Today I’m welcoming Mark W. Danielson, author of Writer’s Block and other novels. According to his bio:
“Writing fiction allowed his imagination to run wild. Using real events as a base makes his writing both believable and enthralling. An actual FedEx DC-10 fire inspired Danger Within. Likewise, the suspicious crash that claimed the life of US Secretary of Commerce Ron Brown inspired The Innocent Never Knew. Both novels provide fast-moving reality-based suspense, and have received excellent reviews. His third novel, Diablo’s Shadow, based on a child disappearance was released in 2008 to critical acclaim.”
Mark, I’m so pleased to introduce you and your books on my blog.
Writing Perseverance by Mark W. Danielson, Guest Blogger
Rarely do authors become overnight successes. Even the most successful ones toiled for years, and many died before their work was recognized. My writing history dates back to 1977 when Sport Aerobatics published an article of mine. Prior to that, I dabbled with letters to editors, and never considered professional writing because it was too cumbersome. I didn’t care much for long hand, and because my typewriting skills weren’t the best, I kept running out of correction tape. (For those unfamiliar, Wikipedia “typewriter”.) Still, I persisted in crafting articles by hammering the keys on this mechanical device and throwing the lever to get to the next line.
When the word processor came along, writing became fun again because the computer could keep up with my thoughts. Since then, over one hundred of my non-non-fiction articles have been published in a variety of periodicals. I have also written seventeen novels, but of those seventeen, have chosen to seek publication on four. Writer’s Block, the most recent, will be released in November, 2011. Set in Fort Worth, it is the first in the Maxx Watts detective series.
It is logical to ask, “If you’ve written seventeen novels, why publish only four?” In truth, I don’t want the others published. In one case, the story seemed too close to the movie Swordfish, even though I had written it long before John Travolta’s movie was released. I am holding onto two firefighting stories for a time when publishers will accept Mother Nature as an evil antagonist. Other stories are no longer topical, so chalk them up to experience. And because it takes such an enormous effort to get a book published, I prefer moving ahead to looking behind.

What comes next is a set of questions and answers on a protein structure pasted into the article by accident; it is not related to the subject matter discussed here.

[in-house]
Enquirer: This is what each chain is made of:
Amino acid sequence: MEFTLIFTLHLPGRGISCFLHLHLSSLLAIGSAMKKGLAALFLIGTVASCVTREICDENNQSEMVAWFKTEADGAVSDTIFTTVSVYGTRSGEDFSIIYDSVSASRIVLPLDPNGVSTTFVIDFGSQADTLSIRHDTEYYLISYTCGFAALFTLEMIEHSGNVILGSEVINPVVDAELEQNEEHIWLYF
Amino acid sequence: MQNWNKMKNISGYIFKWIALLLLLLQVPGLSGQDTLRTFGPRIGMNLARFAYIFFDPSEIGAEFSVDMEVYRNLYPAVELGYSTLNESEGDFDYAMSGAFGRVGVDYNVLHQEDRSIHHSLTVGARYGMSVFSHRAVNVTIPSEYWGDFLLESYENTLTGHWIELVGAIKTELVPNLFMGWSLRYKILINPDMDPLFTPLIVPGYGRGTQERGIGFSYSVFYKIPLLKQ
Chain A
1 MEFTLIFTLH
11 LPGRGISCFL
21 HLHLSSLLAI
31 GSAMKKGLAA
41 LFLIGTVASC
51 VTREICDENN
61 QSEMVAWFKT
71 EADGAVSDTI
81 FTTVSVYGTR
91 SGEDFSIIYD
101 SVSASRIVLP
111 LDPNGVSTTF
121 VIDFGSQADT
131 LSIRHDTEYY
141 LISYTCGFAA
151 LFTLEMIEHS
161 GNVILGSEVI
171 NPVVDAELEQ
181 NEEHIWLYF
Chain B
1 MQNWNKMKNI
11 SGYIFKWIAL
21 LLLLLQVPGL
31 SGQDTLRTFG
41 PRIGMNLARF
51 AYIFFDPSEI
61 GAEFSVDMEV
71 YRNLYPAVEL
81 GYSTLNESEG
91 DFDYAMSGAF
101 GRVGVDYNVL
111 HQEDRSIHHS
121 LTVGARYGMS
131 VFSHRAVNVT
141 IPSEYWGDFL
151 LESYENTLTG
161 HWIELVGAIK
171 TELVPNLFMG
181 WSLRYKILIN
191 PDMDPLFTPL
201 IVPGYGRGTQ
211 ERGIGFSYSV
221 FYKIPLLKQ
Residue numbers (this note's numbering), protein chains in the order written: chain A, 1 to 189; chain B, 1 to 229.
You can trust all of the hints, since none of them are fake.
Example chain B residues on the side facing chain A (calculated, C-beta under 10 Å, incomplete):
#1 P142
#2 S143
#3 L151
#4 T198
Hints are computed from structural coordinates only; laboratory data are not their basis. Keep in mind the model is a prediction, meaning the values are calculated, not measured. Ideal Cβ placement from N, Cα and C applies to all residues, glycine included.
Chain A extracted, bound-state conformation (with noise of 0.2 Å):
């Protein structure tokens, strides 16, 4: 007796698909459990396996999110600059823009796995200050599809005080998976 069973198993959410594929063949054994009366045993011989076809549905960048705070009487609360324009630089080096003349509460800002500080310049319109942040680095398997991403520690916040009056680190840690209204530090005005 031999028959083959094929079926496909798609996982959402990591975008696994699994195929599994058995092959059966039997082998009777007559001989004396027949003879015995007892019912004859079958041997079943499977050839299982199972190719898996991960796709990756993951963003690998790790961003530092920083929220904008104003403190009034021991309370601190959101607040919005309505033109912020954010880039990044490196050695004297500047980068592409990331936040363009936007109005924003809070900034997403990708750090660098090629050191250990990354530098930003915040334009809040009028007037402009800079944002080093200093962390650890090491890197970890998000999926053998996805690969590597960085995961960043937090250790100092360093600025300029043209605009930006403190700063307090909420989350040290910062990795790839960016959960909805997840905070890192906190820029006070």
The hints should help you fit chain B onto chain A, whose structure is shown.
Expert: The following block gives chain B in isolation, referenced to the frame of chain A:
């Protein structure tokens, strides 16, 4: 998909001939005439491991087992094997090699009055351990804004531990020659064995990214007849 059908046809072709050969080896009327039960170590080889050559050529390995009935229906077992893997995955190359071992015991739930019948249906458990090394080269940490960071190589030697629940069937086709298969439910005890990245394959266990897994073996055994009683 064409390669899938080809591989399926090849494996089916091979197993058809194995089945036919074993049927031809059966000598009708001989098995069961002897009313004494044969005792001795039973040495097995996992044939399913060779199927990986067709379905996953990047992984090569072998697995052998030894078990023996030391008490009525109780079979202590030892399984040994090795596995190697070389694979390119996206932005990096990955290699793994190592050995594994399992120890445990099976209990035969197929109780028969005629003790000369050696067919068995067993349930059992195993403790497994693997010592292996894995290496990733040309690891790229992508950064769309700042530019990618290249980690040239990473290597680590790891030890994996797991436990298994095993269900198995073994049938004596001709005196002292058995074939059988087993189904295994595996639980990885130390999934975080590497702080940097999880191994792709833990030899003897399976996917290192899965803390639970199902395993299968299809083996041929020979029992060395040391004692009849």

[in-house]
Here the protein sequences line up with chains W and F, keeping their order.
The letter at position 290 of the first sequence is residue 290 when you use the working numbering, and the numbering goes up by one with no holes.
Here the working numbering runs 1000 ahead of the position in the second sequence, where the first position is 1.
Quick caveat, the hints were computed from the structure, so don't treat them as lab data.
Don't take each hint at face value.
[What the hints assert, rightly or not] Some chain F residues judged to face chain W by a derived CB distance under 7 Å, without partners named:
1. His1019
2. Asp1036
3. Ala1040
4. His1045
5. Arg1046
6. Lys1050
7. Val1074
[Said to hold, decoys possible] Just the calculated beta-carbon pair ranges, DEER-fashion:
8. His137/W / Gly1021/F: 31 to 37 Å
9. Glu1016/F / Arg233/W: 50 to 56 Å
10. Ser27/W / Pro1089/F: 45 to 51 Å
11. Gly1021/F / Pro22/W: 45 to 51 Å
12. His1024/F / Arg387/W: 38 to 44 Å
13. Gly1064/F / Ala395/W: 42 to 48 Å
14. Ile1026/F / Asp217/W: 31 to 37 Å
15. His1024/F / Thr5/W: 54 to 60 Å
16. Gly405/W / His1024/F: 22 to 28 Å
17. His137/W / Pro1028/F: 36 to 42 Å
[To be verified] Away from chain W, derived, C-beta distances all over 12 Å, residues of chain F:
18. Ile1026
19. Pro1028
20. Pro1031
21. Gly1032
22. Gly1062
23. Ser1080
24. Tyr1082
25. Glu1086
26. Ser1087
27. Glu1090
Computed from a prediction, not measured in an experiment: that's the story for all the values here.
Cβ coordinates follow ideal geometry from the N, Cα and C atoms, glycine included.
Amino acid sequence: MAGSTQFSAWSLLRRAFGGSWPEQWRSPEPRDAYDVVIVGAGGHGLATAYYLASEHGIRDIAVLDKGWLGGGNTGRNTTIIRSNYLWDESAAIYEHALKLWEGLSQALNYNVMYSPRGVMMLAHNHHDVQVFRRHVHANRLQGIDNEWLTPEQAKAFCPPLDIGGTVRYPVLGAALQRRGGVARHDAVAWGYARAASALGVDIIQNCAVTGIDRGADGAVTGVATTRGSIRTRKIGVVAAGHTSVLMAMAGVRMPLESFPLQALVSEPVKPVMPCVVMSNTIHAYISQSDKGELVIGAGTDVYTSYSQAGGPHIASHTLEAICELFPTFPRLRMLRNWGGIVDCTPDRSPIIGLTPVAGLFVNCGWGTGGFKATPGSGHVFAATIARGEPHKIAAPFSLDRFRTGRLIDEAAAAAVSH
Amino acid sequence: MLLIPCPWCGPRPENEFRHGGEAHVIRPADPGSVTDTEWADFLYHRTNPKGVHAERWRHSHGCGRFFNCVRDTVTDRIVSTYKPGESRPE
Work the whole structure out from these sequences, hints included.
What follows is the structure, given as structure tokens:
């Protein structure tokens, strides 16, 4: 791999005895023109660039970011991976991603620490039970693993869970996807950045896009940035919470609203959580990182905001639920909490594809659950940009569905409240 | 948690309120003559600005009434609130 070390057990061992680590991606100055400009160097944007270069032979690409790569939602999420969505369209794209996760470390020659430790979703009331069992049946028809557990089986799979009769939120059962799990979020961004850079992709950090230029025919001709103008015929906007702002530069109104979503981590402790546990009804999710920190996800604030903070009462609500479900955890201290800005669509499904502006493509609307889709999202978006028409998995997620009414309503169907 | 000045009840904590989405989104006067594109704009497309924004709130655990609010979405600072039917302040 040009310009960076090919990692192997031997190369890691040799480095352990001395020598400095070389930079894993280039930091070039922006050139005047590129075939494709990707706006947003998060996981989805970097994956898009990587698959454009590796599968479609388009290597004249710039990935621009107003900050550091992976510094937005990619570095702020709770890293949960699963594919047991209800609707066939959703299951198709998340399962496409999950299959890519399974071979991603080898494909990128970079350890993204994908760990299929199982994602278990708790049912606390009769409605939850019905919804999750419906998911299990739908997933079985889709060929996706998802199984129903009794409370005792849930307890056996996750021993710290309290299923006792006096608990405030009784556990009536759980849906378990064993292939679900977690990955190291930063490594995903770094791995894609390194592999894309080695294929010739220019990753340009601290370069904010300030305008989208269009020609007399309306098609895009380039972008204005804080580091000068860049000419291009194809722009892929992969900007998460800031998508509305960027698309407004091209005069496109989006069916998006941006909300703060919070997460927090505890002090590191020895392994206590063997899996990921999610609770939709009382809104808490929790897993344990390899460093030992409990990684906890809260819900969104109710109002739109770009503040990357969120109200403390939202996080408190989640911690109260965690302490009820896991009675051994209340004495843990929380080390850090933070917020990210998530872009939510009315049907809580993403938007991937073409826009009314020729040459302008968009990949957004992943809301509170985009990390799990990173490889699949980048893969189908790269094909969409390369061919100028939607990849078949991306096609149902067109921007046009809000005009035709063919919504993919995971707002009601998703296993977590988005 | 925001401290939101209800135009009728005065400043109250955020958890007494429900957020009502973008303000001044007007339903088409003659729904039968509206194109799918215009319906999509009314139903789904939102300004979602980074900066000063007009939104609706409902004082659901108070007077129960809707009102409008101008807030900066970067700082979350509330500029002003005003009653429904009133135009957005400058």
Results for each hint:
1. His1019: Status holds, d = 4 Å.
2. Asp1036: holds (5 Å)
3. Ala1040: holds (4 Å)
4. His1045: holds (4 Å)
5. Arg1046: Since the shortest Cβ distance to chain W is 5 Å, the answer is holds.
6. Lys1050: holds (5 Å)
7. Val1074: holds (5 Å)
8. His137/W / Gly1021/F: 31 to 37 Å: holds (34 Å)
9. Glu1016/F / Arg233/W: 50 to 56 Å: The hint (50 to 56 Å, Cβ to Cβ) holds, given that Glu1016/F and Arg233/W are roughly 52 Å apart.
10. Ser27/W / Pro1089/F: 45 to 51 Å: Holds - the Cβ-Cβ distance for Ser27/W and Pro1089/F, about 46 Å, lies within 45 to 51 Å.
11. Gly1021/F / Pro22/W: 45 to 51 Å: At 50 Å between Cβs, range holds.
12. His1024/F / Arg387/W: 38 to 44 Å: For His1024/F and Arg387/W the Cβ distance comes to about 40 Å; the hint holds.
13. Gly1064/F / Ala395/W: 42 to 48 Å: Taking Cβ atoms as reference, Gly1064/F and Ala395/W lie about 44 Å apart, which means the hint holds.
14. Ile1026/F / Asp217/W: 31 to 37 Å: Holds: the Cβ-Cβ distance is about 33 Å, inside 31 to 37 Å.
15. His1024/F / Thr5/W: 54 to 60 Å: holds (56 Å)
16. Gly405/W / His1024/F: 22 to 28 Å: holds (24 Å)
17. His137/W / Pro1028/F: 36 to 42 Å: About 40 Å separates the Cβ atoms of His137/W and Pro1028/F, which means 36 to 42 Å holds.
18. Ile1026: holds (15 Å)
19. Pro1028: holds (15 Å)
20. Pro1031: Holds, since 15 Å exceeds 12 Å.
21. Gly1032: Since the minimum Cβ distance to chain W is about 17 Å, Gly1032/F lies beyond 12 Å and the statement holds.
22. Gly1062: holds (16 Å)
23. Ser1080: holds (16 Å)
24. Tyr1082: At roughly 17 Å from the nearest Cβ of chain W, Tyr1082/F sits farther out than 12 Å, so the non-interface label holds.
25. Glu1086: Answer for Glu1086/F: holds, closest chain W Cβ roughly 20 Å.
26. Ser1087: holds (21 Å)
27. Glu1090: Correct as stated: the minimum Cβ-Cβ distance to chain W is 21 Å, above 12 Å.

My first three published novels were written for specific reasons, but Writer’s Block was just plain fun. This who-done-it mystery offers a unique look inside the publishing world. I’m at a good place in my writing, and I expect Maxx Watts will be around a long time. We may share elements, but Maxx is hardly my alter ego. Having said that, my characters do stem from people I’ve met and experiences I’ve had over the years. Even the guy who aimed his .38 revolver at me and a grocery store teller in 1981 left his mark. Thankfully, no one got hurt, but such memories help create believable situations for my fictional characters.
Because writing is such a solitary act, it is important to make it fun. Allowing my characters a sense of humor makes it fun for me and my readers. Taking yourself too seriously can lead to an early grave. Mel Blanc, Warner Brother’s “man of a thousand voices” cartoon actor, realized he was just another cog in the wheel of life and had the last laugh by having “That’s All Folks” inscribed on his tombstone; the same words he channeled as Porky Pig at the end of each cartoon. Three simple words said it all for Mel. Now, that’s good writing.
Thanks again, Mark. I hope you’ll drop by to visit us again soon.